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Should you pay someone to do your taxes?

Golden Girl Finance
Should you pay someone to do your taxes?

The countdown to filing day is on. With just a few short weeks until the April filing deadline (April 15th in the U.S.; April 30th in Canada), now’s the time when most individuals start looking at their shoebox full of receipts with disdain.

Not surprisingly, now is also about the time when people start weighing the pros and cons of simply hiring someone to handle their filing frustrations.

According to the Canada Revenue Agency, nearly half of the 28 million tax returns that were filed in 2013 were done using the CRA’s EFILE, a system that tax preparers use to file electronically on behalf of their clients. The same trend is happening south of the border; according to MSN Money, 90 percent of Americans have professionals do their tax returns or rely on computer tax programs for assistance. But is this professional tax prep really necessary, or is hiring someone to handle your return an unnecessary expense?

Well, that depends.

Before you walk into a tax preparer’s office, it’s crucial that you know what kind of services you’re looking for. Are you hoping to find someone strictly to file your return or are you seeking professional advice? What’s more, are you prepared to pay someone for their assistance?

If you’re one of the millions of people thinking about working with a tax professional, here’s a little advice to help ensure you pick the right person to handle your return.

How to pick the right person to file your return

  1. Preparer vs. planner

A tax preparer does not offer the same services as a tax planner, bookkeeper or accountant. Before you decide to seek out assistance with your return, decide if you need someone to fill out your tax return or if you want someone to provide you with advanced tax planning. There are basically four categories of tax professionals standing by to help with your return: storefront agents, certified public accountants (CPAs), enrolled agents and lawyers. If you’re looking for solid tax advice, find a professional who specializes in taxation and makes it a priority to keep up with tax trends and changes in tax law.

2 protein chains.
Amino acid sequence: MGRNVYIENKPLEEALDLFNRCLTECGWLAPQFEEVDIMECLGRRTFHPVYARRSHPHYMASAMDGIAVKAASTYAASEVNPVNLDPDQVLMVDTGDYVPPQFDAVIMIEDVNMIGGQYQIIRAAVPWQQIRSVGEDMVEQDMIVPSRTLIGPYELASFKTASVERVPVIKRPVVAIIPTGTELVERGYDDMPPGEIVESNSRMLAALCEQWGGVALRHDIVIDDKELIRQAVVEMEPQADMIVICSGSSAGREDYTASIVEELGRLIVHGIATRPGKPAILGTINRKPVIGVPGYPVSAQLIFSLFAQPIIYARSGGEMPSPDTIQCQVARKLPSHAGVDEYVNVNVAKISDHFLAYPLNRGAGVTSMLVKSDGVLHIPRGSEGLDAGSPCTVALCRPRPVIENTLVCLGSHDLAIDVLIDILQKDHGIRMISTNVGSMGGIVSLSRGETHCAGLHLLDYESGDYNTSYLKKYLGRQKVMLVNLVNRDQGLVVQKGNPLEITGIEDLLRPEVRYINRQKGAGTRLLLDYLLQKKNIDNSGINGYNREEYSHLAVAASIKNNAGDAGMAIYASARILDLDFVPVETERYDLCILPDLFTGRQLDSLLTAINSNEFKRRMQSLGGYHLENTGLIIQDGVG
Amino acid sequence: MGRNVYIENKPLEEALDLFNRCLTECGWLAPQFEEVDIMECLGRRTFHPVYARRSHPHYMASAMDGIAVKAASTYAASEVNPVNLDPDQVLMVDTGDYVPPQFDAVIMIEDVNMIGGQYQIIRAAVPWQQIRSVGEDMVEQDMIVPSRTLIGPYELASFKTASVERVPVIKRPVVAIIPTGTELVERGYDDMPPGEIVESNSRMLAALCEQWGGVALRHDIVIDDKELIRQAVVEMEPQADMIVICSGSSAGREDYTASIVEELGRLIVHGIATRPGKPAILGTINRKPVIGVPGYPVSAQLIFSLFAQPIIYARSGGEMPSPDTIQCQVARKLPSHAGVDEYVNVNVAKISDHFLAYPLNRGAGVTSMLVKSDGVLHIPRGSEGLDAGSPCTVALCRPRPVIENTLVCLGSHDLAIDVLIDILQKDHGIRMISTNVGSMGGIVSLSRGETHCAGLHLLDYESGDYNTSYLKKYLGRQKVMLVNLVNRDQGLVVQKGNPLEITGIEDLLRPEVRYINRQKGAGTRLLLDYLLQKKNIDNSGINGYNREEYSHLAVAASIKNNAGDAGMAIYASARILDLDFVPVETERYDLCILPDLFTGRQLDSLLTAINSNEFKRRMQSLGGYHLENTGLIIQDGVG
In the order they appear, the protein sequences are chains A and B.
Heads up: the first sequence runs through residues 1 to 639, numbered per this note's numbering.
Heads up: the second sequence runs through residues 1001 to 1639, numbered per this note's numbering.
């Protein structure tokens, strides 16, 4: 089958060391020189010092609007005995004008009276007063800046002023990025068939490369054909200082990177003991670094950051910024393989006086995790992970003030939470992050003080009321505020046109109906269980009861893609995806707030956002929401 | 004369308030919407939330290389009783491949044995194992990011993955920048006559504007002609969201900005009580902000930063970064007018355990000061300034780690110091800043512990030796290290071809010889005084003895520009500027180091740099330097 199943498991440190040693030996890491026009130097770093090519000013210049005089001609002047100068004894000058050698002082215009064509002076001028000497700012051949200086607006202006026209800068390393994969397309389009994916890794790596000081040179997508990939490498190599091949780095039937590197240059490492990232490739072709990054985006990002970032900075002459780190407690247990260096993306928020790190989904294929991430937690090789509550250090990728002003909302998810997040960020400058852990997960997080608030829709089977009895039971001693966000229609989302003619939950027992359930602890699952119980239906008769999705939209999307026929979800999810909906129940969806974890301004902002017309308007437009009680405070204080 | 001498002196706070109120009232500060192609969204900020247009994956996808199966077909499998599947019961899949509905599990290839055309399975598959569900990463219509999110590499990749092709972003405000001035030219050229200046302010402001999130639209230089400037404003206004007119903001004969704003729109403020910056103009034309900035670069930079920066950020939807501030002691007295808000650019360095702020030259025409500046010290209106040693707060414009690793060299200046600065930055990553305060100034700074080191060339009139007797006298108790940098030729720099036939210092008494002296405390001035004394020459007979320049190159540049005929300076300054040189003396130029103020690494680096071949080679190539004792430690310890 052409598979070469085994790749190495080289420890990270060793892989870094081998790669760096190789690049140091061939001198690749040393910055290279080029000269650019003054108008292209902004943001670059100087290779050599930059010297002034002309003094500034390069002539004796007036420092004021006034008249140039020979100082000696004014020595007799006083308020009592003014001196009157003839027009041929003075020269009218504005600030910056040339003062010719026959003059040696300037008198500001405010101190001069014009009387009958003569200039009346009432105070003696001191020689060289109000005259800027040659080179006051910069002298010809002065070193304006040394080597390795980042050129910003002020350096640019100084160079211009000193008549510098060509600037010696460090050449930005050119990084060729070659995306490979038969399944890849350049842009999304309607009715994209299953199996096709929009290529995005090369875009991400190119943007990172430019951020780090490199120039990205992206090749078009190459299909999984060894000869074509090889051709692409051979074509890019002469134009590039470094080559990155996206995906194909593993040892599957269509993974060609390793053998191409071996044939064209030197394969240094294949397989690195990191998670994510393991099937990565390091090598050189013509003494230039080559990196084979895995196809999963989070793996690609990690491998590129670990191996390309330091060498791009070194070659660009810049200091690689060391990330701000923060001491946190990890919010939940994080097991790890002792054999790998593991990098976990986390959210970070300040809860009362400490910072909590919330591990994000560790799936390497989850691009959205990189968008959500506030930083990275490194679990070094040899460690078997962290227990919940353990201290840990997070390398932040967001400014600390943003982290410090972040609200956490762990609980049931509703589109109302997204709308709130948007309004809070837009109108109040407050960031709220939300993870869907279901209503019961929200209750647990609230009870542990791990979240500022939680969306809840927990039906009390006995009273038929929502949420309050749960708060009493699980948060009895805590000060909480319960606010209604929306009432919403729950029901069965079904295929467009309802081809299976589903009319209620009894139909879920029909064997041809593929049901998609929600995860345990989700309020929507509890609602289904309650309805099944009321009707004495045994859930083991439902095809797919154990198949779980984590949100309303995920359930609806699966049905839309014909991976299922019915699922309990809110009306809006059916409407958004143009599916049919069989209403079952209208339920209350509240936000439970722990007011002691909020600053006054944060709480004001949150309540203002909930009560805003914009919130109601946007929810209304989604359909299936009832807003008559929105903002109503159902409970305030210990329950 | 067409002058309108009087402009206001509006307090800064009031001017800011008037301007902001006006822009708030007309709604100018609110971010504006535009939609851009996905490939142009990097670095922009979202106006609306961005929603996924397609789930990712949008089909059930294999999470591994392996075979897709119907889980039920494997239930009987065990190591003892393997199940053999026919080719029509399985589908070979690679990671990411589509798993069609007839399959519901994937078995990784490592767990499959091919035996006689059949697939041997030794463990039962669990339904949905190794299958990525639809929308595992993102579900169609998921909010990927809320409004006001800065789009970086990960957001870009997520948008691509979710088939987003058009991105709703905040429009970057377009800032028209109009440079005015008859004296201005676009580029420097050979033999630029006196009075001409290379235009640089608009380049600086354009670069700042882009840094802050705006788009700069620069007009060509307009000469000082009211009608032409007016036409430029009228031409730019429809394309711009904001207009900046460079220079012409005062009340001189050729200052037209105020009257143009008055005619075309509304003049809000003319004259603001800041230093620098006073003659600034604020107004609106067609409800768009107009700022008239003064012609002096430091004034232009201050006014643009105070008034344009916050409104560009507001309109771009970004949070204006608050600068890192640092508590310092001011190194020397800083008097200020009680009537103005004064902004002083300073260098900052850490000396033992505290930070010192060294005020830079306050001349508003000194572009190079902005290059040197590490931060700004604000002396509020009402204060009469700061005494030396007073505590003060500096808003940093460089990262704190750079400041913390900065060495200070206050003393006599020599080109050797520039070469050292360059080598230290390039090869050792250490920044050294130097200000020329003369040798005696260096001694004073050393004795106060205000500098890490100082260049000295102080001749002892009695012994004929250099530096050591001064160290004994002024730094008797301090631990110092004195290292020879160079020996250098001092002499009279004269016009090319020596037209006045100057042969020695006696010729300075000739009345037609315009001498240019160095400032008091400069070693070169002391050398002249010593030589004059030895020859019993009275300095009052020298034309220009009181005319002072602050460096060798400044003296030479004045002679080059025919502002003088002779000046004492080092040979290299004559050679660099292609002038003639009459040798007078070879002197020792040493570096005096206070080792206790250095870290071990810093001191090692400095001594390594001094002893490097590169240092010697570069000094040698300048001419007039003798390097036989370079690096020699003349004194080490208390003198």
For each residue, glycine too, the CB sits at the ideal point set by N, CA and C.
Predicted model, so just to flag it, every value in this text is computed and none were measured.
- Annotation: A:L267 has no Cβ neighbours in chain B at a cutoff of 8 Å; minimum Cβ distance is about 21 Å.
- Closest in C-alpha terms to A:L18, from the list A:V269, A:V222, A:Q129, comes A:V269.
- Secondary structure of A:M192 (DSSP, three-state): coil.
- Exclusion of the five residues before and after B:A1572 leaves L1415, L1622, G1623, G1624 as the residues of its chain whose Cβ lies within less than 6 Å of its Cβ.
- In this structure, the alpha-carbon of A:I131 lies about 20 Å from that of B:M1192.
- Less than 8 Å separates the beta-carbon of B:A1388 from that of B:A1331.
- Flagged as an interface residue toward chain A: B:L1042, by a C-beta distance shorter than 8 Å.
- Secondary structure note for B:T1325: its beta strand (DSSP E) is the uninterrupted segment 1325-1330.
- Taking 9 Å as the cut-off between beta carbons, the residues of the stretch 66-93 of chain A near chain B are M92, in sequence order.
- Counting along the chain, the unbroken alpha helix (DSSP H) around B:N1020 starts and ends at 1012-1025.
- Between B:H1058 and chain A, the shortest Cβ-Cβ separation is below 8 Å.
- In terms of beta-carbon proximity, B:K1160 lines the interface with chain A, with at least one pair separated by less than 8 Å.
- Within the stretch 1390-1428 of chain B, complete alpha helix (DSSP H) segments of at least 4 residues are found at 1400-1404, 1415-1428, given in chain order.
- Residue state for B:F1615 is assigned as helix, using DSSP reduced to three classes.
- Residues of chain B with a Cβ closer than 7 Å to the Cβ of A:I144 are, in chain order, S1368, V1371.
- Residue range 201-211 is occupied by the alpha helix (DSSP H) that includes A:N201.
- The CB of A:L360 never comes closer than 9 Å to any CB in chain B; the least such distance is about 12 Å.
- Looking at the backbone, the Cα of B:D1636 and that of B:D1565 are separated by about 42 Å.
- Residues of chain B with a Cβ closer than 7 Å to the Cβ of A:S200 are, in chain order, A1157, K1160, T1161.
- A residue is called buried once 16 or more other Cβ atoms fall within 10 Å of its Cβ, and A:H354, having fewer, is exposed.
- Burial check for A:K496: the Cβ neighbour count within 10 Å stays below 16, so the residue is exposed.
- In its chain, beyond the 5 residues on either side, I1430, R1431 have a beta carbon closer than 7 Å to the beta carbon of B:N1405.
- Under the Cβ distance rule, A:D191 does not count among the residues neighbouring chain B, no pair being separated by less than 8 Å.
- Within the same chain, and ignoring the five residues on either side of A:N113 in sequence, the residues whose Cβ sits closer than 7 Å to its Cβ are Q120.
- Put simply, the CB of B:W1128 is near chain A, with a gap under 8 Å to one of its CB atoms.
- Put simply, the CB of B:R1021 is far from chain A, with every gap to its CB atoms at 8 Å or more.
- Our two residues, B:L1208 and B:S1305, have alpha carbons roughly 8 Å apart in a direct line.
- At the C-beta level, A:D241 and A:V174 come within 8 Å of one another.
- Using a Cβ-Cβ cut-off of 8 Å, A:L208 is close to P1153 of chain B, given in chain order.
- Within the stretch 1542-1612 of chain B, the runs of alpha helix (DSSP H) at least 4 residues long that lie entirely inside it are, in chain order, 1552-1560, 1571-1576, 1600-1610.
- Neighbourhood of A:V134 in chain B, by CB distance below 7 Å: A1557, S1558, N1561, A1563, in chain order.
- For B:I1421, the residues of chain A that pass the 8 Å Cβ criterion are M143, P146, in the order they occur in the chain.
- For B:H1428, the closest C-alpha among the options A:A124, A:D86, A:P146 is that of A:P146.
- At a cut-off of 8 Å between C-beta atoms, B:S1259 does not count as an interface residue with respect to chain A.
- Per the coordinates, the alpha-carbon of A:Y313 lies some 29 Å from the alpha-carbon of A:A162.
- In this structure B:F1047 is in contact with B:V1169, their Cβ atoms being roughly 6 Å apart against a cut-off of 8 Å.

1. Understand your tax situation

As tempting as it is to have a professional handle your taxes, it may be an expense you don’t need to take on at this time. If you’re good with numbers, manage to keep organized records, and have a relatively simple tax situation, you might not need the extra hassle or expense. Individuals who have a single job, no investments and no dependents can likely handle their tax return on their own (provided they take a little time to brush up on basic tax law and filing rules). If you’re still hesitant about filing by yourself, the IRS offers a free efiling system that makes it easier to navigate the process without professional help. In Canada, the Canada Revenue Agency offers a Community Volunteer Income Tax Program that provides assistance to individuals with simple tax scenarios. To be eligible, a single person’s income must not exceed $30,000; a couple’s income must not be more than $40,000; and an adult with one child can’t have income higher than $35,000.

  1. Are you prepared to pay?

Having someone help out with your taxes can cost anywhere from $50 to $500, depending on the services that you request and your employment status. That being said, that’s money well spent if it helps yousecure a greater refund on yourreturn. What’s more, any fee you pay may be deductible on your next year’s return. Depending where you’re located, tax preparation fees can qualify as miscellaneous deductions.

  1. Know what questions to ask

If this is the first time you’ll be working with a tax professional, call and make a preliminary appointment before hiring them to handle your paperwork. A quick conversation will help you better understand what documentation will be necessary and whether or not your chosen tax professional will be able to offer you the right kind of advice. If you’ve filed with a professional in the past, take the time to review the line items listed on a prior return. This will help you get organized for this year’s process. It also doesn’t hurt to bring in your prior year’s return and show it to your tax planner. This will help him or her get better acquainted with your financial situation if you’re working with them for the first time.

  1. Make note of major changes

Most people’s taxes don’t change dramatically from year to year unless their life has changed dramatically. A marriage, death, birth, new business venture or major investment will definitely impact your return; as such, it’s probably worth seeking a professional’s opinion.

Get it right from the beginning

In the end, it’s your return and your responsibility to round up all of the right paperwork. Regardless of who does the work, you ultimately accept responsibility for your submission the minute you sign it. If you’re going to work with a planner or preparer, make sure you trust their opinions.

After all… if there’s one person you don’t want to rub the wrong way, it’s the taxman.

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